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The Impact of Imitation on Long Memory in an Order-Driven Market

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  • Blake LeBaron

    (International Business School, Brandeis University, 415 South Street, Mailstop 32, Waltham, MA 02453-2728, USA. E-mails: blebaron@brandeis.edu, www.brandeis.edu/ blebaron)

  • Ryuichi Yamamoto

    (Department of International Business, National Chengchi University, 64 Sec.2, Zhi-Nan Road, Taipei, Taiwan)

Abstract

Recent research has documented that learning and evolution are capable of generating many well-known features in financial times series. We extend the results of LeBaron and Yamamoto (2007) to explore the impact of varying amounts of imitation and agent learning in a simple order-driven market. We show that in our framework, imitation is critical to the generation of long memory persistence in many financial time series. This shows that imitation across trader behavior is probably crucial for understanding the dynamics of prices and trading volume. Eastern Economic Journal (2008) 34, 504–517. doi:10.1057/eej.2008.32

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Bibliographic Info

Article provided by Palgrave Macmillan in its journal Eastern Economic Journal.

Volume (Year): 34 (2008)
Issue (Month): 4 ()
Pages: 504-517

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Handle: RePEc:pal:easeco:v:34:y:2008:i:4:p:504-517

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References

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  1. Andrew W. Lo, 1989. "Long-term Memory in Stock Market Prices," NBER Working Papers 2984, National Bureau of Economic Research, Inc.
  2. Blake LeBaron, 1999. "Evolution and Time Horizons in an Agent-Based Stock Market," Computing in Economics and Finance 1999 1342, Society for Computational Economics.
  3. J. Doyne Farmer & Paolo Patelli & Ilija I. Zovko, 2003. "The Predictive Power of Zero Intelligence in Financial Markets," Papers cond-mat/0309233, arXiv.org, revised Feb 2004.
  4. GIRAITIS, Liudas & KOKOSZKA, Piotr & LEIPUS, Remigijus & TEYSSIÈRE, Gilles, . "Rescaled variance and related tests for long memory in volatility and levels," CORE Discussion Papers RP -1594, Université catholique de Louvain, Center for Operations Research and Econometrics (CORE).
  5. William R. Parke, 1999. "What Is Fractional Integration?," The Review of Economics and Statistics, MIT Press, vol. 81(4), pages 632-638, November.
  6. Baillie, Richard T., 1996. "Long memory processes and fractional integration in econometrics," Journal of Econometrics, Elsevier, vol. 73(1), pages 5-59, July.
  7. Chiarella, C. & Iori, G. & Perello, J., 2008. "The Impact of Heterogeneous Trading Rules on the Limit Order Book and Order Flows," Working Papers 08/04, Department of Economics, City University London.
  8. Ding, Zhuanxin & Granger, Clive W. J. & Engle, Robert F., 1993. "A long memory property of stock market returns and a new model," Journal of Empirical Finance, Elsevier, vol. 1(1), pages 83-106, June.
  9. Szabolcs Mike & J. Doyne Farmer, 2007. "An empirical behavioral model of liquidity and volatility," Papers 0709.0159, arXiv.org.
  10. Ronald L. Goettler & Christine A. Parlour & Uday Rajan, 2005. "Equilibrium in a Dynamic Limit Order Market," Journal of Finance, American Finance Association, vol. 60(5), pages 2149-2192, October.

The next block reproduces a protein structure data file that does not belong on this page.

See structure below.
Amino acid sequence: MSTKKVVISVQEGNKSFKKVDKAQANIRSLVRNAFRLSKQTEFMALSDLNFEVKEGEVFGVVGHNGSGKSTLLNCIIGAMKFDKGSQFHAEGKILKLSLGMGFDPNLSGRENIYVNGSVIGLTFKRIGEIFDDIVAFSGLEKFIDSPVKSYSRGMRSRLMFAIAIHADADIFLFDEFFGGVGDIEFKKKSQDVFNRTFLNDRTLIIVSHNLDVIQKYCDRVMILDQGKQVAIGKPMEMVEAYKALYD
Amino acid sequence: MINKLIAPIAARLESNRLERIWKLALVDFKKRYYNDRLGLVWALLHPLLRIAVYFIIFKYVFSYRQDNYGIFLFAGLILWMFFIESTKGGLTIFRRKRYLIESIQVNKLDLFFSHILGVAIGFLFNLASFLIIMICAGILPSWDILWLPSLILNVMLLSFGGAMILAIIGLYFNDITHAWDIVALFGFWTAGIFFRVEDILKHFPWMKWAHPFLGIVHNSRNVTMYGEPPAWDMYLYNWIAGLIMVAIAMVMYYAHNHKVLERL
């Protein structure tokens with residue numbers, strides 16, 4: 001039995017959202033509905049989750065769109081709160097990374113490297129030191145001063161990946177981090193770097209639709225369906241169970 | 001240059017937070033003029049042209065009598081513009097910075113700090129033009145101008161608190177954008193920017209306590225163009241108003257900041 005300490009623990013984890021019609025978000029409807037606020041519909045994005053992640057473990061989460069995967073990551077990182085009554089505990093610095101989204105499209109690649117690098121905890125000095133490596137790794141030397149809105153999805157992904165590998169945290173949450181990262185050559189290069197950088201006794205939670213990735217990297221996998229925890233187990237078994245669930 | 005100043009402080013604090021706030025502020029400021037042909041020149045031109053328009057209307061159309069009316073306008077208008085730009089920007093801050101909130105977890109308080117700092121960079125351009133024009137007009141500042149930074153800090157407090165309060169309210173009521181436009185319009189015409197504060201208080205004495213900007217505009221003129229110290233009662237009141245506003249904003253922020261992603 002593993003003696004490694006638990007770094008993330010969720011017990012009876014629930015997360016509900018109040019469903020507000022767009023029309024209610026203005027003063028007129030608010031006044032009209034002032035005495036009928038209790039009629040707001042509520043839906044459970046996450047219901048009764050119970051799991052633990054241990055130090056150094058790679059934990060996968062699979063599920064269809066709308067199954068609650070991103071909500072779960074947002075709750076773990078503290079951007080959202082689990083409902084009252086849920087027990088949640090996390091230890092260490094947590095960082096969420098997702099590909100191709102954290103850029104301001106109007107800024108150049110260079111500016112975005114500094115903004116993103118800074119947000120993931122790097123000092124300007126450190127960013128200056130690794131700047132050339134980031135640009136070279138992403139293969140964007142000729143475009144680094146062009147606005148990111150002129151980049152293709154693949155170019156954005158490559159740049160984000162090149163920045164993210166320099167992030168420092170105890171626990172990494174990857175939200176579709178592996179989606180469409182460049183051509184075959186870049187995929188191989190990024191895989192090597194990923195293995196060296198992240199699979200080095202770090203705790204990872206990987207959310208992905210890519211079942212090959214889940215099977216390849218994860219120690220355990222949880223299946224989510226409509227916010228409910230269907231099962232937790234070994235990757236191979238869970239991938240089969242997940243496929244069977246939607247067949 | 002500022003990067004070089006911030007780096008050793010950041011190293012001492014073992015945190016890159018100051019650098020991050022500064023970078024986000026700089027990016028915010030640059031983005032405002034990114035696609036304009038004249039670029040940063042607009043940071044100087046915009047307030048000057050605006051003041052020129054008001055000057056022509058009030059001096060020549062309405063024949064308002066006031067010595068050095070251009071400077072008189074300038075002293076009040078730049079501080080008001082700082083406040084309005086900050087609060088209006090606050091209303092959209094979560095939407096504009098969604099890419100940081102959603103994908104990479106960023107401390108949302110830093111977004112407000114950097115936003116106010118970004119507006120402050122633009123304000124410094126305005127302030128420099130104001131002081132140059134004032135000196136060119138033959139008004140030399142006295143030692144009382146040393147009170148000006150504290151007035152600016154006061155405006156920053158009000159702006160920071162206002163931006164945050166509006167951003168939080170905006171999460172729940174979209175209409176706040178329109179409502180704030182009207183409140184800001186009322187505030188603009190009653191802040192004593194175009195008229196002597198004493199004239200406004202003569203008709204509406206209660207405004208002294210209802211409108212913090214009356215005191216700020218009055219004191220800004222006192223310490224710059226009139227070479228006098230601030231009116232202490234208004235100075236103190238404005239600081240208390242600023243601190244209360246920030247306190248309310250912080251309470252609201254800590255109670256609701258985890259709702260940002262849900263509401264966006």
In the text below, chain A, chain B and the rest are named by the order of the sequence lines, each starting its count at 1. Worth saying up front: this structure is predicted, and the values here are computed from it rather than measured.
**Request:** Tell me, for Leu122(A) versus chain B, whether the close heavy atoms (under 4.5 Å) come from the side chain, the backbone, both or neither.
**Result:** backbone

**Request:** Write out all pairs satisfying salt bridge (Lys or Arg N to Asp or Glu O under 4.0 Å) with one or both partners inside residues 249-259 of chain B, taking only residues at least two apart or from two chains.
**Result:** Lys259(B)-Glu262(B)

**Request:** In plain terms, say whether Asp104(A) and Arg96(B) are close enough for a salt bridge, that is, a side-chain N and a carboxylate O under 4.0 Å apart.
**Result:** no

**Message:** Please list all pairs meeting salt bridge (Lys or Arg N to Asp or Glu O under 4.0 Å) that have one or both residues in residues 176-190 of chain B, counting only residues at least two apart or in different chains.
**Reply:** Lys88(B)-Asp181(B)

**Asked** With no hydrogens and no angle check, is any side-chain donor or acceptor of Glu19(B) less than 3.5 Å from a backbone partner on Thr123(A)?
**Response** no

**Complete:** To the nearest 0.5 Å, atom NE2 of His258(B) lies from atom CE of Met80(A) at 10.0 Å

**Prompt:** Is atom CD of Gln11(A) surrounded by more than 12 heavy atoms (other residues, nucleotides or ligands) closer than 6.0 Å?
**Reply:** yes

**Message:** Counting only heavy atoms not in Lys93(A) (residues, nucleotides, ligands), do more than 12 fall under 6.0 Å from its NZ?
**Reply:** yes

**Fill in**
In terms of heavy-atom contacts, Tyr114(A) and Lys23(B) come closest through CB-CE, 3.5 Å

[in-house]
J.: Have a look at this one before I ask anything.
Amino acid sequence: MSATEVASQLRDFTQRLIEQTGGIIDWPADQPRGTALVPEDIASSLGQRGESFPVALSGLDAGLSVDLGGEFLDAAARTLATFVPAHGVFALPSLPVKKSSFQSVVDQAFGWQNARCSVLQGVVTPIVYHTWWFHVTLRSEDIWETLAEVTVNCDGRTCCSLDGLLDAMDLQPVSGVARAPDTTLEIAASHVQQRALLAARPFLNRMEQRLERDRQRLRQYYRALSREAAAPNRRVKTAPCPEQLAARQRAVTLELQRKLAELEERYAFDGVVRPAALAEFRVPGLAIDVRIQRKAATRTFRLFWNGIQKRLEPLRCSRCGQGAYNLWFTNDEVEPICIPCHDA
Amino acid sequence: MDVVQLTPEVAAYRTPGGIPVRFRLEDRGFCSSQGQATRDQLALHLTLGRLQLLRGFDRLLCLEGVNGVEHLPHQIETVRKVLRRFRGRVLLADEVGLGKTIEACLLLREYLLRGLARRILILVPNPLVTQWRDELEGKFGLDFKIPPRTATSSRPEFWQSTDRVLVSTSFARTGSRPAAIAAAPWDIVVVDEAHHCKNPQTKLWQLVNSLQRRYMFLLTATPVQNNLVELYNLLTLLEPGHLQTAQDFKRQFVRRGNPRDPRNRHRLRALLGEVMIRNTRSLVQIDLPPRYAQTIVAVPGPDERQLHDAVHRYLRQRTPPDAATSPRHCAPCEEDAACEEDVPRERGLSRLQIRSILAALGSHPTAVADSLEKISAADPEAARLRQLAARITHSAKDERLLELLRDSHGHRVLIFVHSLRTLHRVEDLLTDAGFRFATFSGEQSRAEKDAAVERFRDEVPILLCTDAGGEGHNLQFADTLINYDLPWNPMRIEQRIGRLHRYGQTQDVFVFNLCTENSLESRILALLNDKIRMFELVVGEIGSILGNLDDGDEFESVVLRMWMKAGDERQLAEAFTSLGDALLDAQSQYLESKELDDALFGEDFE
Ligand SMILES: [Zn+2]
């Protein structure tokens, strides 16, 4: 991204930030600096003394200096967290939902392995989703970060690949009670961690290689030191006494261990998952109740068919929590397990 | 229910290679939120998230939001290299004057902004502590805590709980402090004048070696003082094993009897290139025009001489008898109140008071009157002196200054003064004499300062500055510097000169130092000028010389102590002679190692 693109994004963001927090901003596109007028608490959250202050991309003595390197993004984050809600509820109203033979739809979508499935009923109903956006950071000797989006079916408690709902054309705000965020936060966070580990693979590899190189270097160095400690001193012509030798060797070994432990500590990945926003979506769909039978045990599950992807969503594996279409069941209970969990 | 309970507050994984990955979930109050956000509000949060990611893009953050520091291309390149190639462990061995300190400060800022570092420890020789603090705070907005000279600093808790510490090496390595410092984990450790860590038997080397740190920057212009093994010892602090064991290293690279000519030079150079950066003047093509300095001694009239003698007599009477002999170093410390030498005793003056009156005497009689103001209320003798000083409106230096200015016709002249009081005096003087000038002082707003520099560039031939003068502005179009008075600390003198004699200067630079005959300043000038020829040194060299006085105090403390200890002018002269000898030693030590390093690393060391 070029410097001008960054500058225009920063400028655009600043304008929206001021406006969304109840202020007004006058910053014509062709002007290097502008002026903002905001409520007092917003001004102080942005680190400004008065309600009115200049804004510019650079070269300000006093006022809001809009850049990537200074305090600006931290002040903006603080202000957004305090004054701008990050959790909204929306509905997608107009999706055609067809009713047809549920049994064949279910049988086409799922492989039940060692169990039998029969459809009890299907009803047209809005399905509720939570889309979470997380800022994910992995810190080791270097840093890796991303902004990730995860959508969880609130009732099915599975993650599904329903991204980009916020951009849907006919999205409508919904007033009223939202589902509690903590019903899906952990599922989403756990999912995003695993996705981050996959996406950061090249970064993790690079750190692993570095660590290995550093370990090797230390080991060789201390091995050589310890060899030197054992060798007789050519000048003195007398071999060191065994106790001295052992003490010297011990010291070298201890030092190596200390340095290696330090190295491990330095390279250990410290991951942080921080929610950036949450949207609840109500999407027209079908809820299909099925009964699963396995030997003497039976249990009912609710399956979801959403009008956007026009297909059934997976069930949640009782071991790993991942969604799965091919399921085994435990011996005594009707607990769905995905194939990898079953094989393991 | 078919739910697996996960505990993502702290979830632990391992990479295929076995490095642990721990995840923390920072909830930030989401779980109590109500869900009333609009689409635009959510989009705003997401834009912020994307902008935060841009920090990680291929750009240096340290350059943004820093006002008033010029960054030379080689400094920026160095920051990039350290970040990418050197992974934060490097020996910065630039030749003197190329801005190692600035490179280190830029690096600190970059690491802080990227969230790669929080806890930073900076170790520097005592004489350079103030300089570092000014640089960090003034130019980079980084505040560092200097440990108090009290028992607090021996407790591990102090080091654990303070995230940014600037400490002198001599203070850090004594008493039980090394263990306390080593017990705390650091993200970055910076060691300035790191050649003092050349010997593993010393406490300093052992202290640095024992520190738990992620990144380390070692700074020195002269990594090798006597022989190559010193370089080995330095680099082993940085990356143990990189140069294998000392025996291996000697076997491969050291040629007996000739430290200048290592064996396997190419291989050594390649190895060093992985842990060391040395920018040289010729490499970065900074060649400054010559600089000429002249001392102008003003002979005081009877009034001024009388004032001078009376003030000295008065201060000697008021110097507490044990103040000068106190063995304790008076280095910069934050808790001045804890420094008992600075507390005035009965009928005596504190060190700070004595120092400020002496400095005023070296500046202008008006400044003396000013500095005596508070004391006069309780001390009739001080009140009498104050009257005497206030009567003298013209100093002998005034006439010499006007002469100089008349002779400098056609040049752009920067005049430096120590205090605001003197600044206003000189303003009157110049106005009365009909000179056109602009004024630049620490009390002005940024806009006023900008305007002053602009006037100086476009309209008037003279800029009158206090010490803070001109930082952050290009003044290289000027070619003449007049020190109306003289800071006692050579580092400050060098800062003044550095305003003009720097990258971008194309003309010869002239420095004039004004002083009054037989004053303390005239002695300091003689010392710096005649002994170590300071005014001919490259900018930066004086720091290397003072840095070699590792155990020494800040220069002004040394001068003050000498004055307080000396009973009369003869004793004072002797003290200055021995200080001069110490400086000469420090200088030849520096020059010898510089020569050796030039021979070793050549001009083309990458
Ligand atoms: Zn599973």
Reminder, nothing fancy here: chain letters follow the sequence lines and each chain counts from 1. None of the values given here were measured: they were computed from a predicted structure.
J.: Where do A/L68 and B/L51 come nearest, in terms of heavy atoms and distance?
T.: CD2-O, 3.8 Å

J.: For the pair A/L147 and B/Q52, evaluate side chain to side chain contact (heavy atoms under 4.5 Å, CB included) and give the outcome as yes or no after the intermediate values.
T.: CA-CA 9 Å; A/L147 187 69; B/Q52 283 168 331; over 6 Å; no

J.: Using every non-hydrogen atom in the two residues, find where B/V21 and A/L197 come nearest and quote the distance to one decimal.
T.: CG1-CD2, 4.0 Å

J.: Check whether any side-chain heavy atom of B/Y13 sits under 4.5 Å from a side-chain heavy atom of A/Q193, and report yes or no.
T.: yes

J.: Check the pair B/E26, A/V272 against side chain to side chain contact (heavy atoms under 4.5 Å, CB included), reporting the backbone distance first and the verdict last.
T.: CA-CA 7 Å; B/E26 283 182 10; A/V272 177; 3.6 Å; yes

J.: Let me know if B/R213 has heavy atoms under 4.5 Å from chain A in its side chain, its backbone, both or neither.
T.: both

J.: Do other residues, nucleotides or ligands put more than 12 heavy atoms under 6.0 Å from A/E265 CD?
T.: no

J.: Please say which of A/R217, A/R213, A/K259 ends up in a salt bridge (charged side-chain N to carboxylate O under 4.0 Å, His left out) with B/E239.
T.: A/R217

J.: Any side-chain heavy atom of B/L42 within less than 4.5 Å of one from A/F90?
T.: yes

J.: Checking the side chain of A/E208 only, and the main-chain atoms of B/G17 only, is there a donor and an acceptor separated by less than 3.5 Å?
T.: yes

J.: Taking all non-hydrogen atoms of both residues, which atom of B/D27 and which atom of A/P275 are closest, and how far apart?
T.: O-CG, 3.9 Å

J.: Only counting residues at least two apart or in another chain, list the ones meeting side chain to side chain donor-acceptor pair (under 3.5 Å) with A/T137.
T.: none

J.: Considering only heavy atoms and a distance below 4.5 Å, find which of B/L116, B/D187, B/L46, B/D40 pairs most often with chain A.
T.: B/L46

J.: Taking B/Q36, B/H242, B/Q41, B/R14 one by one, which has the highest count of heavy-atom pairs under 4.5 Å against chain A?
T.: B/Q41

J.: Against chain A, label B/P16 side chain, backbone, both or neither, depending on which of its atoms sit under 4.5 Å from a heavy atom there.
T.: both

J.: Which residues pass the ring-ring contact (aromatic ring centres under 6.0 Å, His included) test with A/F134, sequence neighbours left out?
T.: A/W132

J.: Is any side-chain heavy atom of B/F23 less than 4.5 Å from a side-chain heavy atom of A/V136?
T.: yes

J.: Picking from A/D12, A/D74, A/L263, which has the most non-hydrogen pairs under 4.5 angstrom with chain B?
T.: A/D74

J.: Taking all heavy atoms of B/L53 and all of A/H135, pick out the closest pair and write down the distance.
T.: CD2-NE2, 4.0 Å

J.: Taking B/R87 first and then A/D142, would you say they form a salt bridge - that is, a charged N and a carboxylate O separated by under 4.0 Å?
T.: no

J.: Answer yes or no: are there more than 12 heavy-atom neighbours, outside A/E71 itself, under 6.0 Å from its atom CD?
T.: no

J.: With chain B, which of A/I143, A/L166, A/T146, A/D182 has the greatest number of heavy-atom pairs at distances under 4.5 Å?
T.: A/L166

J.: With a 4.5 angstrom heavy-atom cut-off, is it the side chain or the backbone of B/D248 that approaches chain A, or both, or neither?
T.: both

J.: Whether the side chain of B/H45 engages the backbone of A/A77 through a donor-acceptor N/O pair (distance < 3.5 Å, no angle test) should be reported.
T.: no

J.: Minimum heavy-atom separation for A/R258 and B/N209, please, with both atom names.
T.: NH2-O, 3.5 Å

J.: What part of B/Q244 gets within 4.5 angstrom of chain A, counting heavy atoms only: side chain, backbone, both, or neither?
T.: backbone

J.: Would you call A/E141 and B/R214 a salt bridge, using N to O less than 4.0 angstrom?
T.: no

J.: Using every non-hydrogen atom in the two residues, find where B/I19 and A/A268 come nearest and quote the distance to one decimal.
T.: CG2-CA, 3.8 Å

11. Baillie, Richard T. & Bollerslev, Tim & Mikkelsen, Hans Ole, 1996. "Fractionally integrated generalized autoregressive conditional heteroskedasticity," Journal of Econometrics, Elsevier, vol. 74(1), pages 3-30, September.
  12. LeBaron, Blake & Yamamoto, Ryuichi, 2007. "Long-memory in an order-driven market," Physica A: Statistical Mechanics and its Applications, Elsevier, vol. 383(1), pages 85-89.
  13. Domowitz, Ian & Wang, Jianxin, 1994. "Auctions as algorithms : Computerized trade execution and price discovery," Journal of Economic Dynamics and Control, Elsevier, vol. 18(1), pages 29-60, January.
  14. Dan Ladley & Klaus Reiner Schenk-Hoppe, 2007. "Do Stylised Facts of Order Book Markets Need Strategic Behaviour?," Swiss Finance Institute Research Paper Series 07-20, Swiss Finance Institute.
  15. Granger, C. W. J., 1980. "Long memory relationships and the aggregation of dynamic models," Journal of Econometrics, Elsevier, vol. 14(2), pages 227-238, October.
  16. Vriend, Nicolaas J., 2000. "An illustration of the essential difference between individual and social learning, and its consequences for computational analyses," Journal of Economic Dynamics and Control, Elsevier, vol. 24(1), pages 1-19, January.
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Citations

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Cited by:
  1. Bence Toth & Imon Palit & Fabrizio Lillo & J. Doyne Farmer, 2011. "Why is order flow so persistent?," Papers 1108.1632, arXiv.org.
  2. Gabriel Bobeica & Elena Bojesteanu, 2008. "Long Memory in Volatility. An Investigation on the Central and Eastern European Exchange Rates," European Research Studies Journal, European Research Studies Journal, vol. 0(4), pages 7-18.
  3. Yamamoto, Ryuichi, 2011. "Order aggressiveness, pre-trade transparency, and long memory in an order-driven market," Journal of Economic Dynamics and Control, Elsevier, vol. 35(11), pages 1938-1963.
  4. Iori, G. & Tedeschi, G., 2010. "Herding effects in order driven markets: The rise and fall of gurus," Working Papers 10/05, Department of Economics, City University London.
  5. Ryuichi Yamamoto, 2011. "Volatility clustering and herding agents: does it matter what they observe?," Journal of Economic Interaction and Coordination, Springer, vol. 6(1), pages 41-59, May.

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